October was a quiet month. I can’t remember if we took a walk at Hanbury, but we did enjoy a long one along the Heart of England Way at Baddesley Clinton.

November saw us in the northeast, with a return visit to Seaton Delaval Hall (that we first visited in August 2013), and also to Penshaw Monument that is such an imposing sight over the Durham-Tyneside landscape.

In mid-November it was 70th birthday, and Steph and I spent a long weekend in Liverpool. One of the highlights was a visit to the Beatles Childhood Homes of John Lennon and Paul McCartney – rather emotional.

We completed our National Trust year by enjoying Christmas at Coughton Court on 30 November.


We have been members of English Heritage (EH) since 2015. Our daughters gifted us membership at Christmas 2014. Witley Court in Worcestershire is the nearest property to home, and we have been visiting there since the 1980s when we first moved to Bromsgrove. But not during 2108. Here’s a story from September 2017.

In April we were in the northeast and enjoyed a visit to Warkworth Castle near Alnwick on the Northumberland coast (map) with grandsons Elvis and Felix. Since it was close to St George’s Day, there was a tournament entertainment for the children.

Warkworth Castle

While in the northeast, we visited Rievaulx Abbey, somewhere I had first visited as a student in the summer of 1968, and then again in the mid-1980s on holiday with the family on the Yorkshire coast.

Towards the South Transept and the east end of the church from the southeast.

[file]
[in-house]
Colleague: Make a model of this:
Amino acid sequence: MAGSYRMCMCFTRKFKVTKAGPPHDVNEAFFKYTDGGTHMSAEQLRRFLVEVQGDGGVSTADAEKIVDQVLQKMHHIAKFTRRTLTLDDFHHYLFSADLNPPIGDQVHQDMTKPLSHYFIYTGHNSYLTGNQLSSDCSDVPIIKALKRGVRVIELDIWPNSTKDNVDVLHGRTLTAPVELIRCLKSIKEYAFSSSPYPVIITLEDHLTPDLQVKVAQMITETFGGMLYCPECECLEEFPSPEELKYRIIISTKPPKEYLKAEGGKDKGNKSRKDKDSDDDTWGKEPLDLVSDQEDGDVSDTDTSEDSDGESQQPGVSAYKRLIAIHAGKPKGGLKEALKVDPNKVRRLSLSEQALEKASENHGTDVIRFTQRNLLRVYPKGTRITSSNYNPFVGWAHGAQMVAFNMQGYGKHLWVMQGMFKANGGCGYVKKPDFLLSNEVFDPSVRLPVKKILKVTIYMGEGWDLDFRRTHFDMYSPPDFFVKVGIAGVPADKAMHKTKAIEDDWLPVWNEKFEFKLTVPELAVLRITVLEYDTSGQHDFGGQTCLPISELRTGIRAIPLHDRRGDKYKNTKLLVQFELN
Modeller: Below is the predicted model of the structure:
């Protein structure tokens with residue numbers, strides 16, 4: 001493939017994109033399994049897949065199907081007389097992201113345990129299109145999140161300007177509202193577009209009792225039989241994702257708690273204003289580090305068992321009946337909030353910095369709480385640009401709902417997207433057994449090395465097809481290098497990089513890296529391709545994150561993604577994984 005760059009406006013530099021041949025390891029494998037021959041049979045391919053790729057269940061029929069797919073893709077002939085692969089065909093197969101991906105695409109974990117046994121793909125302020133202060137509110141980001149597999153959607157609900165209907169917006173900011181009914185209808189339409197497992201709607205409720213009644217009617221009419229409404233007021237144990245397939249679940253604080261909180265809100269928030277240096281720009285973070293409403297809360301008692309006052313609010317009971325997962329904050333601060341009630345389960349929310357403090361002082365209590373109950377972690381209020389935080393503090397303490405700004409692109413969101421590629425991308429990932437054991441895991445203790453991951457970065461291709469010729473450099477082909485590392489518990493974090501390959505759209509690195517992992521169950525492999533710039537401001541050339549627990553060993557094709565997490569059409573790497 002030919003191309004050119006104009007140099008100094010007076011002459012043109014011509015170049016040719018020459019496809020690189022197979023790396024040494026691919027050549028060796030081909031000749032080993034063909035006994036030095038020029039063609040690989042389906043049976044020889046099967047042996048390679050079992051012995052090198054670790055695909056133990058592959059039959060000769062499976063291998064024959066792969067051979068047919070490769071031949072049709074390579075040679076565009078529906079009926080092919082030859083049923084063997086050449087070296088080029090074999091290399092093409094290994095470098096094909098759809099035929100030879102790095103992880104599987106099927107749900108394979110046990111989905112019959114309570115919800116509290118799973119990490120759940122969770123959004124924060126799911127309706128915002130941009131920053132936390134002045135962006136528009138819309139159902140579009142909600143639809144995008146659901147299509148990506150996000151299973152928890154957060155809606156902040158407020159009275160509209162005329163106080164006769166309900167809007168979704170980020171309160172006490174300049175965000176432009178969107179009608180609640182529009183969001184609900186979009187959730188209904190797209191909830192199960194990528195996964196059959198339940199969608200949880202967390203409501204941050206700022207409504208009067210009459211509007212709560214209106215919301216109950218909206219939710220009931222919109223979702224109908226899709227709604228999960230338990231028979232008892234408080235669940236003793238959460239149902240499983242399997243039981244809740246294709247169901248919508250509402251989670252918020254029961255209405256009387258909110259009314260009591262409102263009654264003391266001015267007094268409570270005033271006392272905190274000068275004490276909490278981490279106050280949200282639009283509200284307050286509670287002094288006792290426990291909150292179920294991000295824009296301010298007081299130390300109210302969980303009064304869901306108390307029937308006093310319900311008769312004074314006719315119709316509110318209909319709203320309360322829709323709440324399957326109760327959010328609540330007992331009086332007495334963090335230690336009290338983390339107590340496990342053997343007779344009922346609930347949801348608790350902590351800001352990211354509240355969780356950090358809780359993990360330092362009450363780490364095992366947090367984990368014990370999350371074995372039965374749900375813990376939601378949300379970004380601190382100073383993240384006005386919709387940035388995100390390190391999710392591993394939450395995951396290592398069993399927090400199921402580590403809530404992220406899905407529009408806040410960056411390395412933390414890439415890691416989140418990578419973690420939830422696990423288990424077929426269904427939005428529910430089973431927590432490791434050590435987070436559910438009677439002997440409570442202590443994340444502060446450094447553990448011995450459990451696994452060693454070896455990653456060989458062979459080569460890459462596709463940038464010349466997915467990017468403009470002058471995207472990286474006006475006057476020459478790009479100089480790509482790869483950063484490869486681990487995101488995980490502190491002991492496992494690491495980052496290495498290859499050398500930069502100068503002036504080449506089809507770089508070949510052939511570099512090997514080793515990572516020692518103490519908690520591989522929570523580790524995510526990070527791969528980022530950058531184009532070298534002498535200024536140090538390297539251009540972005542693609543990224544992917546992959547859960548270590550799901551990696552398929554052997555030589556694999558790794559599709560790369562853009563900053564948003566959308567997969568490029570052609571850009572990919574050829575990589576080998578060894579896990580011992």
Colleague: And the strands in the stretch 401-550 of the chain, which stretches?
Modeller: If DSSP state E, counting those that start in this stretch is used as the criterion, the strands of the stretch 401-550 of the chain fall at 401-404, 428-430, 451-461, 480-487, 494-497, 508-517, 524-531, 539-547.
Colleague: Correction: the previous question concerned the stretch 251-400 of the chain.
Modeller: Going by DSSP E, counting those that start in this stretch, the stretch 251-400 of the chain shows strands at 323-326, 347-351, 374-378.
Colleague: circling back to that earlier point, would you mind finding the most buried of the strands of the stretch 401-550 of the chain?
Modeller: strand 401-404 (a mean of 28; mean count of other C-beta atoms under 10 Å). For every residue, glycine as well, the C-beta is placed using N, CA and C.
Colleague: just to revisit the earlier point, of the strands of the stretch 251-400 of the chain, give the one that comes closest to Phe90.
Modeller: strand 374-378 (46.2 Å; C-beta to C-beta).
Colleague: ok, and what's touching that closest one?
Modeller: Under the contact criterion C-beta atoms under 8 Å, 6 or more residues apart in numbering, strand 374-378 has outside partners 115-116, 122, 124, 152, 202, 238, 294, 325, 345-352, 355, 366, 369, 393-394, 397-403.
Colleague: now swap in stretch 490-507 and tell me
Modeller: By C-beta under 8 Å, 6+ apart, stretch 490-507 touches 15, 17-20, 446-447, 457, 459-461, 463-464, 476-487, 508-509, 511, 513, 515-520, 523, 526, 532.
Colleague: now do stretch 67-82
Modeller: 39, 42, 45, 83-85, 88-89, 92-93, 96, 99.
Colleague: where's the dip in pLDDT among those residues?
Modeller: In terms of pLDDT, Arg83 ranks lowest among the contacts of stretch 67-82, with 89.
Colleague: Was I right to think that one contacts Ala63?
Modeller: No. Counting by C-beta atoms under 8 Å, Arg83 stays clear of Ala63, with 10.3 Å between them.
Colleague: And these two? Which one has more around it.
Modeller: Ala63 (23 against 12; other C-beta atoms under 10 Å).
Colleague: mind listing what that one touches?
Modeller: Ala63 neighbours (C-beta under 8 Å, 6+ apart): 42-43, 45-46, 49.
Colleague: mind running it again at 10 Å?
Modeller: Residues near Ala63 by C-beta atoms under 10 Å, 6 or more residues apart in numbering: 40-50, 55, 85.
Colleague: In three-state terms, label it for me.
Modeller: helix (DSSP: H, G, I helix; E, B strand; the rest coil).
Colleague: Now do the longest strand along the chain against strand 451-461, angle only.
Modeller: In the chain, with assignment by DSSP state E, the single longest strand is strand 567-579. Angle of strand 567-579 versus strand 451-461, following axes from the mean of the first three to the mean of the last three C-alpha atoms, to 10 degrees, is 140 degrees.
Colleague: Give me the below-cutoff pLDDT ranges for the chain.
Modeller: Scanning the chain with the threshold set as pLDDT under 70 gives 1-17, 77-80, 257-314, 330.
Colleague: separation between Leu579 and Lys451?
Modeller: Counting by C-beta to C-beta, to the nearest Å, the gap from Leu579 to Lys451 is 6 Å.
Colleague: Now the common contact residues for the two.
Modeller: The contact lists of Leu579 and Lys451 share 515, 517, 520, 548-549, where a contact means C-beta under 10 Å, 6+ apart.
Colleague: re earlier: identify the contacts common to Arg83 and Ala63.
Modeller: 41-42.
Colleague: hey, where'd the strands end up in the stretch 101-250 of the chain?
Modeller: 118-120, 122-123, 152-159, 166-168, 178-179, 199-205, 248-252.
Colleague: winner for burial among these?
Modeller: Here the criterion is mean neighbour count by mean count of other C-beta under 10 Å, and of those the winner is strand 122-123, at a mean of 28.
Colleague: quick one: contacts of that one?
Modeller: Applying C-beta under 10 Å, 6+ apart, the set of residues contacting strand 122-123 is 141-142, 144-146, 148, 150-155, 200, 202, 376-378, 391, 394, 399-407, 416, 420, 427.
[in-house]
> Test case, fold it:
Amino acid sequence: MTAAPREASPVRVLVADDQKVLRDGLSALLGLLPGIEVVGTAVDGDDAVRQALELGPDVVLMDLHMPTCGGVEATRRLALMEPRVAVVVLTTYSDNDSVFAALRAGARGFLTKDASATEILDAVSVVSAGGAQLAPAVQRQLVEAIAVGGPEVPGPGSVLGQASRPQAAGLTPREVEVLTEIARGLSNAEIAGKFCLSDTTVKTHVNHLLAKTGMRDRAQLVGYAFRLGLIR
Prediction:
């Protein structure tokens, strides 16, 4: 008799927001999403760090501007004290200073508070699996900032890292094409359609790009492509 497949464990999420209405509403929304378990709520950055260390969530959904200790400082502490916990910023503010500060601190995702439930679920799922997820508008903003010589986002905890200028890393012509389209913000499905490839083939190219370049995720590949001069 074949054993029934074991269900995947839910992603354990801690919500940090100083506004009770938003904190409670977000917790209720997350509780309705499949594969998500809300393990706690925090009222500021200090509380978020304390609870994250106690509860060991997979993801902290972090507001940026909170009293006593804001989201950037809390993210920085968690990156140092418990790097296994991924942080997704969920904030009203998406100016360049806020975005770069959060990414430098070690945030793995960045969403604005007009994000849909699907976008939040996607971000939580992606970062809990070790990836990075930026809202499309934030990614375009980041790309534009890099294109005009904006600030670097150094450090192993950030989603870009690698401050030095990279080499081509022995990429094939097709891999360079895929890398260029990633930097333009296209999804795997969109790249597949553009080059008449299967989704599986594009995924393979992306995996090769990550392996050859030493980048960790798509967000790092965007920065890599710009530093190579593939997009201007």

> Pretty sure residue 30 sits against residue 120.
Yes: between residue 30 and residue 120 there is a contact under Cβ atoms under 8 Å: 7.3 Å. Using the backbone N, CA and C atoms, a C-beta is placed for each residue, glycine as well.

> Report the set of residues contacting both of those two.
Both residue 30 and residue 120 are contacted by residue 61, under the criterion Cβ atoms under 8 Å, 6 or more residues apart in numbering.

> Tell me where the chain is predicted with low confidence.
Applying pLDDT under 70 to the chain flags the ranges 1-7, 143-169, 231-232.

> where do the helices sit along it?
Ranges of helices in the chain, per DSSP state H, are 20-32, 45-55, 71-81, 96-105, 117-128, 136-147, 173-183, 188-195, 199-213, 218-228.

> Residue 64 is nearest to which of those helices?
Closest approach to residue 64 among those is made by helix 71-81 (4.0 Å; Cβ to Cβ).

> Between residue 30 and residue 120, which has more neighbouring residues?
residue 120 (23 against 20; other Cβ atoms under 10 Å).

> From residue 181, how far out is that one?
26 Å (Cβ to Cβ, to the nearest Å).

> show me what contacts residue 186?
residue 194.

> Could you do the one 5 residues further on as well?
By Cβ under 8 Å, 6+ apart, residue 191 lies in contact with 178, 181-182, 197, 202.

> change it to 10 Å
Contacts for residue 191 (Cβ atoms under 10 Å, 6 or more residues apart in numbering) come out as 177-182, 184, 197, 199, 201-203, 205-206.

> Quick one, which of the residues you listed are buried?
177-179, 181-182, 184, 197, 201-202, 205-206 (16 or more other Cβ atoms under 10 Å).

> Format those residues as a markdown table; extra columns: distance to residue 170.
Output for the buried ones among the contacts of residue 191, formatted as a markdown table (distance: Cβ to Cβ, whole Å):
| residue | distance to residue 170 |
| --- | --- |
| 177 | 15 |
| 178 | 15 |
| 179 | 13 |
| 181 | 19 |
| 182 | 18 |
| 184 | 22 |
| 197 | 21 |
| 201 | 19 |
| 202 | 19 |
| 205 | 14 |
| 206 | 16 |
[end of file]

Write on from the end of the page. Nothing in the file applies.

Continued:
During our trip to Cornwall in September, we got to visit Chysauster Ancient Village, Pendennis Castle, Restormel Castle, and Tintagel Castle, which I have written about here.

The steps leading up to the castle gate.

Then in November, on the way home from Newcastle, we stopped off at Mount Grace Priory, that is owned by the National Trust but managed by English Heritage.

It was a bright and calm November morning, lots of color in the trees, and we were enchanted by the peace of this wonderful site. On our trips to Newcastle we have passed the entrance to the Priory many times, but never had found the time (or the weather) to stop off. It was well worth the wait.


This has been our heritage 2018. We have barely scratched the surface of NT and EH properties. We look forward to spreading our wings further afield in 2019.

With The Beatles . . .

Last weekend, Steph and I spent a couple of days in Liverpool where, in the 1960s, there was an explosion of musical talent—the ‘Mersey Sound‘ (a somewhat patronizing video)—that had been influenced by and built on the late 1950s skiffle music of Lonnie Donegan, among others.

The greatest among greats to emerge from the ‘Mersey Sound’ have to be The Beatles – Paul McCartney, George Harrison, Ringo Starr, and John Lennon.

It was my 70th birthday on the 18th and, in celebration, we planned this special trip to Liverpool to take in The Beatles’ Childhood Homes and The Beatles Story, among other sights. A full album of photos can be viewed here.

We originally intended to drive to Liverpool. Not difficult in itself, you might imagine: a mere 109 miles. But as most of that journey is along the notorious M6 motorway, potentially it would have been 109 miles of traffic hassle, and long stretches of roadworks. And although the weather has been quite mild recently, November can be foggy and frosty. These were the points we considered when finalizing our travel plans in late August. So we opted to travel by rail from Bromsgrove to Liverpool-Lime Street (via Birmingham New Street).